Two thousand years ago, Rajasthan's Thar desert in North-West India was covered with trees. Those that survive today owe their existence to the courage of a remarkable Hindu sect. The Bishnoi faith was founded in 1485 by a guru who had survived a famine caused by deforestation. He forbade his followers to kill any animal or cut down any green tree. In 1931, the Majaraja of Jodphur sent men to the Bishnoi village of Jalnadi to chop down wood to fuel his lime kilns. One woman rushed to reason with the axemen and, when she failed, hugged the first tree to be cut. "A chopped head is cheaper than a felled tree" she said as she was cut down. Her three daughters took her place and were also killed. People flocked in from 83 neighbouring Bishnoi villages. By the end of the day, 359 more people had been massacred. When the Majaraja heard, he promise that the Bishnoi would never again be called upon to provide timber. Their communities thrive to this day, green oases in a barren landscape.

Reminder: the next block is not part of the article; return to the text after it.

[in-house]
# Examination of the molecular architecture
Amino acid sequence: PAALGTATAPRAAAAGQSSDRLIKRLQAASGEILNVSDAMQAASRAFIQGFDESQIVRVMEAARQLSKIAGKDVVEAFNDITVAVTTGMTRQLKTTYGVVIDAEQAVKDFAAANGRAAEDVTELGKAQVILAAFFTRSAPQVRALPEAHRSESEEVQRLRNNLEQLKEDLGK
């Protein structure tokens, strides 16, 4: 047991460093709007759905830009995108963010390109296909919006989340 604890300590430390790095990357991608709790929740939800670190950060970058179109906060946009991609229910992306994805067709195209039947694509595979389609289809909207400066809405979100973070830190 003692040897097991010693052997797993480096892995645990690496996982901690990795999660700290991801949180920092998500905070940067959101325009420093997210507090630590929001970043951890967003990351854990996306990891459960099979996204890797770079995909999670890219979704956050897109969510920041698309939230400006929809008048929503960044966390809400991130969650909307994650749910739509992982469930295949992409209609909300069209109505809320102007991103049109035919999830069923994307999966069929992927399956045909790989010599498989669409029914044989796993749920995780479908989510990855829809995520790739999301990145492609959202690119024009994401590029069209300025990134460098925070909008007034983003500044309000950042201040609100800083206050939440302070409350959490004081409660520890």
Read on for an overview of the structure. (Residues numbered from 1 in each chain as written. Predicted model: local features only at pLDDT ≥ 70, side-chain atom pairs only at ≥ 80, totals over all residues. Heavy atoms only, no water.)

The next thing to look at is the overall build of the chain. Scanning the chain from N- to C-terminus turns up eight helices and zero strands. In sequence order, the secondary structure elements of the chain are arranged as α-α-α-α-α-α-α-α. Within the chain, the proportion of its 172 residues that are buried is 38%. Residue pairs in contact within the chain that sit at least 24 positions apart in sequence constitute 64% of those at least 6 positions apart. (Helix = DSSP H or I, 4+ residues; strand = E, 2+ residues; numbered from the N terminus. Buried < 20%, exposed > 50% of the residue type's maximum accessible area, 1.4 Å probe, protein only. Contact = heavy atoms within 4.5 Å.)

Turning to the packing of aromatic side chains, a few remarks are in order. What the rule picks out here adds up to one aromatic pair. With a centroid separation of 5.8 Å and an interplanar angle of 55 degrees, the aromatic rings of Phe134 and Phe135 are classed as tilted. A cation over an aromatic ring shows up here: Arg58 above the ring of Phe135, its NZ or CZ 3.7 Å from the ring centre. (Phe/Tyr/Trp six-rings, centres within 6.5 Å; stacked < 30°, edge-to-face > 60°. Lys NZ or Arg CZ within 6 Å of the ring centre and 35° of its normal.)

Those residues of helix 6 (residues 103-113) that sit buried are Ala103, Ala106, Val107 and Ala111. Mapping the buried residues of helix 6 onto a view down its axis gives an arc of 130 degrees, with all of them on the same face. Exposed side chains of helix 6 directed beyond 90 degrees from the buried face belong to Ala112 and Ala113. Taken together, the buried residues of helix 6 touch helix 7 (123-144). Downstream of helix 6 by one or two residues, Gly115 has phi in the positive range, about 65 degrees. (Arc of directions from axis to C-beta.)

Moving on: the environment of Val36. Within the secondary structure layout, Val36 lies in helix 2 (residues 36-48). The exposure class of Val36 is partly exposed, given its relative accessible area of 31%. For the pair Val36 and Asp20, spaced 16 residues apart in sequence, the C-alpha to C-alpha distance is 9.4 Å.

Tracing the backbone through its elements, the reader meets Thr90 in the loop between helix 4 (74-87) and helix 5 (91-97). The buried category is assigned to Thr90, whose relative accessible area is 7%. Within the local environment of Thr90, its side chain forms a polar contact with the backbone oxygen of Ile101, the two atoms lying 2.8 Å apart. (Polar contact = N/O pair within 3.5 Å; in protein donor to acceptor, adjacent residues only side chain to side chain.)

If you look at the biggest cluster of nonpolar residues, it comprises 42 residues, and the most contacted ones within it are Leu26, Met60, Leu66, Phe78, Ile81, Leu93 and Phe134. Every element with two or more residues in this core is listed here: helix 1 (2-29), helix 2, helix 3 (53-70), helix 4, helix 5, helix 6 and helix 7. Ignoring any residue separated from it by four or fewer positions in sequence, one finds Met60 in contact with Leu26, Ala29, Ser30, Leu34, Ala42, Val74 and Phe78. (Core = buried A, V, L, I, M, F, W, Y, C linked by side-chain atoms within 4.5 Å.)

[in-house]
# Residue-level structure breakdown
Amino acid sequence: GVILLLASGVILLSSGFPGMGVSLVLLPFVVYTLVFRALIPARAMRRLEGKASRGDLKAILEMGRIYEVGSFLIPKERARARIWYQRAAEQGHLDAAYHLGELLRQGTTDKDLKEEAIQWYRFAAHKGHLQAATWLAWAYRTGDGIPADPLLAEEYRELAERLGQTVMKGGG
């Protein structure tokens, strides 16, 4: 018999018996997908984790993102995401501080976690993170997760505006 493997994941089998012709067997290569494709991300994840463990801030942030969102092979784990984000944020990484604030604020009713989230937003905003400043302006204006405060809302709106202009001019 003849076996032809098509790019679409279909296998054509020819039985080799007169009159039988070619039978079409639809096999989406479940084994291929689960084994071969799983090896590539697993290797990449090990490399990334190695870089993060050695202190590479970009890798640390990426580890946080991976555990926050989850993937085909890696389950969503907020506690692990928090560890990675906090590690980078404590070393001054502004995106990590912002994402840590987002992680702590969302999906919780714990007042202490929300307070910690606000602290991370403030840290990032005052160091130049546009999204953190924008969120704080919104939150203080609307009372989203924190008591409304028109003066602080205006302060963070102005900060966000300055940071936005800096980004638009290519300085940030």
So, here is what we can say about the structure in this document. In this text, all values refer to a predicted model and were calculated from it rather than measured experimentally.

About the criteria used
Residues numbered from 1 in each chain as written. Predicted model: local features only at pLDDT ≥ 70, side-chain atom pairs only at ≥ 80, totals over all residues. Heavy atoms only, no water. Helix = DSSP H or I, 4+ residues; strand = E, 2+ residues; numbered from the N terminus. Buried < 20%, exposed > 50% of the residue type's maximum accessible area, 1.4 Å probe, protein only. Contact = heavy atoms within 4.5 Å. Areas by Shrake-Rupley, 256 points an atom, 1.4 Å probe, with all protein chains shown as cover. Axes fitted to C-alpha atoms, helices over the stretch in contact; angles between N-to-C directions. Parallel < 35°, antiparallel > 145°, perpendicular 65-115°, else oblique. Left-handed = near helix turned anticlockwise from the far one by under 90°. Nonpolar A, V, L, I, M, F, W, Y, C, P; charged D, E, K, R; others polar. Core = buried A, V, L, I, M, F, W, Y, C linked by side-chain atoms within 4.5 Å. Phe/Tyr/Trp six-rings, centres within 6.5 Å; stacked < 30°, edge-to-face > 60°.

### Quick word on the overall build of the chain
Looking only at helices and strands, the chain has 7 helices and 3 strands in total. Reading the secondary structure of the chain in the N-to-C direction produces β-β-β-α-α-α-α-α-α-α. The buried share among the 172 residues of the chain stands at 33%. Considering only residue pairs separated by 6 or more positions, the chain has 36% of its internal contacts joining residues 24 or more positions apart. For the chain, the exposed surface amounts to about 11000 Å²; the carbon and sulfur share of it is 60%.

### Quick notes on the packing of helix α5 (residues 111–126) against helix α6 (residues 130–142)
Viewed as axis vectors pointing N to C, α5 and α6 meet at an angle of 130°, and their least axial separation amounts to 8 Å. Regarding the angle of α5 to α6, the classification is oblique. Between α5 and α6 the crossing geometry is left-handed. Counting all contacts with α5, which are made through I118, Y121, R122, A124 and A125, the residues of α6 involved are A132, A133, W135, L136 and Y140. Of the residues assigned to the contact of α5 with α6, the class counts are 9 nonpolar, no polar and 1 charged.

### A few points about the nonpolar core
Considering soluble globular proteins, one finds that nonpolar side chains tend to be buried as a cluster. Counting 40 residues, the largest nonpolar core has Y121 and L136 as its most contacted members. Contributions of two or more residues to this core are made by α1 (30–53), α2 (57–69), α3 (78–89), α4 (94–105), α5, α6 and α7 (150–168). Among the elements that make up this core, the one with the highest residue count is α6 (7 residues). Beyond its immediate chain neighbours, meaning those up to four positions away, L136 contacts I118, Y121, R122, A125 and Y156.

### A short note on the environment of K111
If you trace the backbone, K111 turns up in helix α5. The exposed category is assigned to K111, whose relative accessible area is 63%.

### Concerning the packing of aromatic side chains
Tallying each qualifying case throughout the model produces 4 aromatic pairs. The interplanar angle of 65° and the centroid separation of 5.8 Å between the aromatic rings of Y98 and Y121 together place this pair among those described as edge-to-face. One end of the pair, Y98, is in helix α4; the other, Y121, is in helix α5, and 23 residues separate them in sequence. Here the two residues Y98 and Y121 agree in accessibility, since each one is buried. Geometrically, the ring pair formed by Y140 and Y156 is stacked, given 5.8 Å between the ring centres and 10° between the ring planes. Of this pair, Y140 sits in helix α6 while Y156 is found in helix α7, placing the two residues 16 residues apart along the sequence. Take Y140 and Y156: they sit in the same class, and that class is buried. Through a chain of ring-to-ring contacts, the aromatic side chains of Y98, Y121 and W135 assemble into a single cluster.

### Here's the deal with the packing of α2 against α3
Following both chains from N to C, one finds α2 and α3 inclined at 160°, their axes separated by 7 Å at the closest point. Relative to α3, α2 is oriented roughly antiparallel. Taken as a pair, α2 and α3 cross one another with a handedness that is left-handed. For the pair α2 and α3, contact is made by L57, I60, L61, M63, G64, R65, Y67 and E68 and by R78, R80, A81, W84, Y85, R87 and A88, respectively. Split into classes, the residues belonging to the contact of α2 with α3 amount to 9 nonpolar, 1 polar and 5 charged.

Forests precede civilization, and deserts follow it.